The Psychology Of An Offer In Today’s Real Estate Market

You’ve heard me saying that inventory levels are incredibly low but now I can actually relate it in terms many of you will understand better: inventory levels haven’t been this low since January 2005! What does that mean? It means we’re out of the buyers market and into a sellers market! Looking for some pointers on putting together an offer for today’s sellers? Read on.

1. If a property is listed for sale, go see it as soon as possible. The market has been unpredictable in speed and time of contracts on new listings. Some things go the day the come on the market, others wait til the weekend, while others continue to sit. If you like it, go see it.

2. If you like it, write an offer. Don’t wait. Being the first offer shows interest and strength of your offer. You can always make changes if you find out more offers have come in, but if you waited until the last minute to submit your offer, don’t you think the seller will be flattered someone else submitted right away, showing how much they want their house? Real estate is an emotional sale, sometimes emotion plays a bigger part than rational thinking.

3. Keep timelines tight. Find out what the seller is looking for regarding closing date, inspections, etc. Many sellers are “move up” or “downsizing” buyers who have to sell before they can buy, so having that information will help you construct your offer.

4. Drop the lowball offers. In the buyers market, many buyers were lowballing sellers with the thought that they can always increase their offer. These days, many sellers know that their home may be 1 or 2 of the options in a certain location and/or price range, so why would they entertain a low offer shortly after coming on the market? Testing the market is done by both buyers and sellers…so keep that in mind when you’re reviewing comparable sales.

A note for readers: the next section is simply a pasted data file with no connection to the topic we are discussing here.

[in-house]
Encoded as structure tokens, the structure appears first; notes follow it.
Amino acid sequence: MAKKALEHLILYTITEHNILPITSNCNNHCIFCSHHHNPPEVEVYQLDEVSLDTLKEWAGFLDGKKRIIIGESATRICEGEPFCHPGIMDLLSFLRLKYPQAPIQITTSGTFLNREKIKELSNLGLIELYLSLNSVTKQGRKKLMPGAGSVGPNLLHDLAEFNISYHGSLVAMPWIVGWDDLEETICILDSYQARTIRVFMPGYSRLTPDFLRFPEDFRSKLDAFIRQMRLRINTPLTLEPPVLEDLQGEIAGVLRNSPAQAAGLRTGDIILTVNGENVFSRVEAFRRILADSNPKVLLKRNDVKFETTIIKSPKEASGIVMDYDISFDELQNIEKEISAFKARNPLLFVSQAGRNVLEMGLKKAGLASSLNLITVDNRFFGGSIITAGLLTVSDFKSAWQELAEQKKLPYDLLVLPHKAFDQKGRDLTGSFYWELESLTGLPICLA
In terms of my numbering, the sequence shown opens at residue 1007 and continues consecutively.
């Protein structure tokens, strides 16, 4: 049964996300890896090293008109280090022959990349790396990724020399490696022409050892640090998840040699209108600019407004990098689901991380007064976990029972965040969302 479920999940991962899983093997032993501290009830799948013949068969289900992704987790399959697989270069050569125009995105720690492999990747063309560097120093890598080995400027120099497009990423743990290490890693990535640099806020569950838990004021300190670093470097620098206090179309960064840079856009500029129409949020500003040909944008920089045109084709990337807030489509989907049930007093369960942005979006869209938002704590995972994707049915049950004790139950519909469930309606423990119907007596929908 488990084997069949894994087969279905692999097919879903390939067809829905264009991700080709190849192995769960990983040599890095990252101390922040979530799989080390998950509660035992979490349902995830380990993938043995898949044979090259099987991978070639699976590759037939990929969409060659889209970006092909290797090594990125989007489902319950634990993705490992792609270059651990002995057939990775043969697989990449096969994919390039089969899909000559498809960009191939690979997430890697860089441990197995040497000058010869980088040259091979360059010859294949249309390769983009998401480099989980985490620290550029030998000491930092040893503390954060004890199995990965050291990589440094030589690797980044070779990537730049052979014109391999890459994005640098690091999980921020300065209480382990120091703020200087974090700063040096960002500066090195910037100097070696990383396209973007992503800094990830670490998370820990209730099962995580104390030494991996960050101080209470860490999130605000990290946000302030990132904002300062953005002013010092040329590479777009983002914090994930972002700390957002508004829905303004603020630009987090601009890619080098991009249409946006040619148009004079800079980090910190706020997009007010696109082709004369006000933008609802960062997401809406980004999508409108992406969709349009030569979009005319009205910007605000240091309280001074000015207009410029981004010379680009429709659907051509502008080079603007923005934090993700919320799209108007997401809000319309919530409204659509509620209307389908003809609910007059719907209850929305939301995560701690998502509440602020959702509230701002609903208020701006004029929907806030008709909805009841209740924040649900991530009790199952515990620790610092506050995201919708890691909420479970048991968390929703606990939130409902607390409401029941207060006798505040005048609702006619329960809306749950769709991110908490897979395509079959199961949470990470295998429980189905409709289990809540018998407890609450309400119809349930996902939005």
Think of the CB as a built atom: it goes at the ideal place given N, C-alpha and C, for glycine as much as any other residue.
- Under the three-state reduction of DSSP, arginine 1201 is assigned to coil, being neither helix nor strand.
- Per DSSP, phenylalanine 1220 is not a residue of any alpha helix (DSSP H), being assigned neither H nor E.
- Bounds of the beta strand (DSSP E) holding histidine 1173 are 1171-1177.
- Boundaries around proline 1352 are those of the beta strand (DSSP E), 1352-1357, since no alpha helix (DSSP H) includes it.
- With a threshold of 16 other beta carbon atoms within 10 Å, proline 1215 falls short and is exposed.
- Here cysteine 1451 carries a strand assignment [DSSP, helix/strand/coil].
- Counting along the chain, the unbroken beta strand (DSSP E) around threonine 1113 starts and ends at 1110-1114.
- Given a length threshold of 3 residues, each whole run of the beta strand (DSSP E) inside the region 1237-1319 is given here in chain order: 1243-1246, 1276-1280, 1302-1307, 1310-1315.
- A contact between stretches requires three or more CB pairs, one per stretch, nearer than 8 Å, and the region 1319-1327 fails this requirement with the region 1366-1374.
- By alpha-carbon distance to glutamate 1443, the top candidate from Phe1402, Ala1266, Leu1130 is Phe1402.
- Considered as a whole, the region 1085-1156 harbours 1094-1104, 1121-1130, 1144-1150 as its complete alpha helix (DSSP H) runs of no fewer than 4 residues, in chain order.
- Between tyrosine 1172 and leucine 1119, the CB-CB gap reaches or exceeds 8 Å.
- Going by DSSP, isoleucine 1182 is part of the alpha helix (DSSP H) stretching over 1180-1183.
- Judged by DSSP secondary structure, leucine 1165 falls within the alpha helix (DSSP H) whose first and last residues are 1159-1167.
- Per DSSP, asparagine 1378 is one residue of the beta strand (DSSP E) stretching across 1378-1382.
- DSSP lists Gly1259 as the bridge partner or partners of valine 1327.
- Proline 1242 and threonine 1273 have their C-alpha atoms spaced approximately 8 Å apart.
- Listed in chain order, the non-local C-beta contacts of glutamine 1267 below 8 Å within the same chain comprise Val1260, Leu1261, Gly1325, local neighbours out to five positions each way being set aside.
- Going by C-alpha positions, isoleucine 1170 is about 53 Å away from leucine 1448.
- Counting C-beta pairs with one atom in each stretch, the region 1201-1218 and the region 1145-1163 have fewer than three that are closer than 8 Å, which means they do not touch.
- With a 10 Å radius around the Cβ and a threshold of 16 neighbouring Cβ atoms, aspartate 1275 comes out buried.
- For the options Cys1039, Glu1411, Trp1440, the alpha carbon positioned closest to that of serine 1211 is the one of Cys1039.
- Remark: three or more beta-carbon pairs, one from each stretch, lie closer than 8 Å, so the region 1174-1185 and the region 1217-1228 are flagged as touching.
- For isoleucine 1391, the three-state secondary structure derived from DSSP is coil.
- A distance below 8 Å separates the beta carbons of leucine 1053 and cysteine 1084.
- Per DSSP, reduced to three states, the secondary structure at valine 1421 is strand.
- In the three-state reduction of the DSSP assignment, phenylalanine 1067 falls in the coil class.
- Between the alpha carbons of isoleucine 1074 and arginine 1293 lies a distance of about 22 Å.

5. Write a love letter. Going back to the emotional appeal, you never know what motivating factor a seller has for selling their home. Are they retiring? Do they have ¬†growing family? Are they leaving the state? See what information you can find out about the seller (often times a listing agent is authorized to disclose certain pieces of information that may help) and then write them a letter about why you want to buy their house. Are you expecting a child? Did you just get married? Are you moving closer to family? Moving from out of state (that just happens to be where they’re moving to)? Write it all down. You’d be surprised how many contracts have been won because the sellers liked this particular piece of information more than just the bottom line.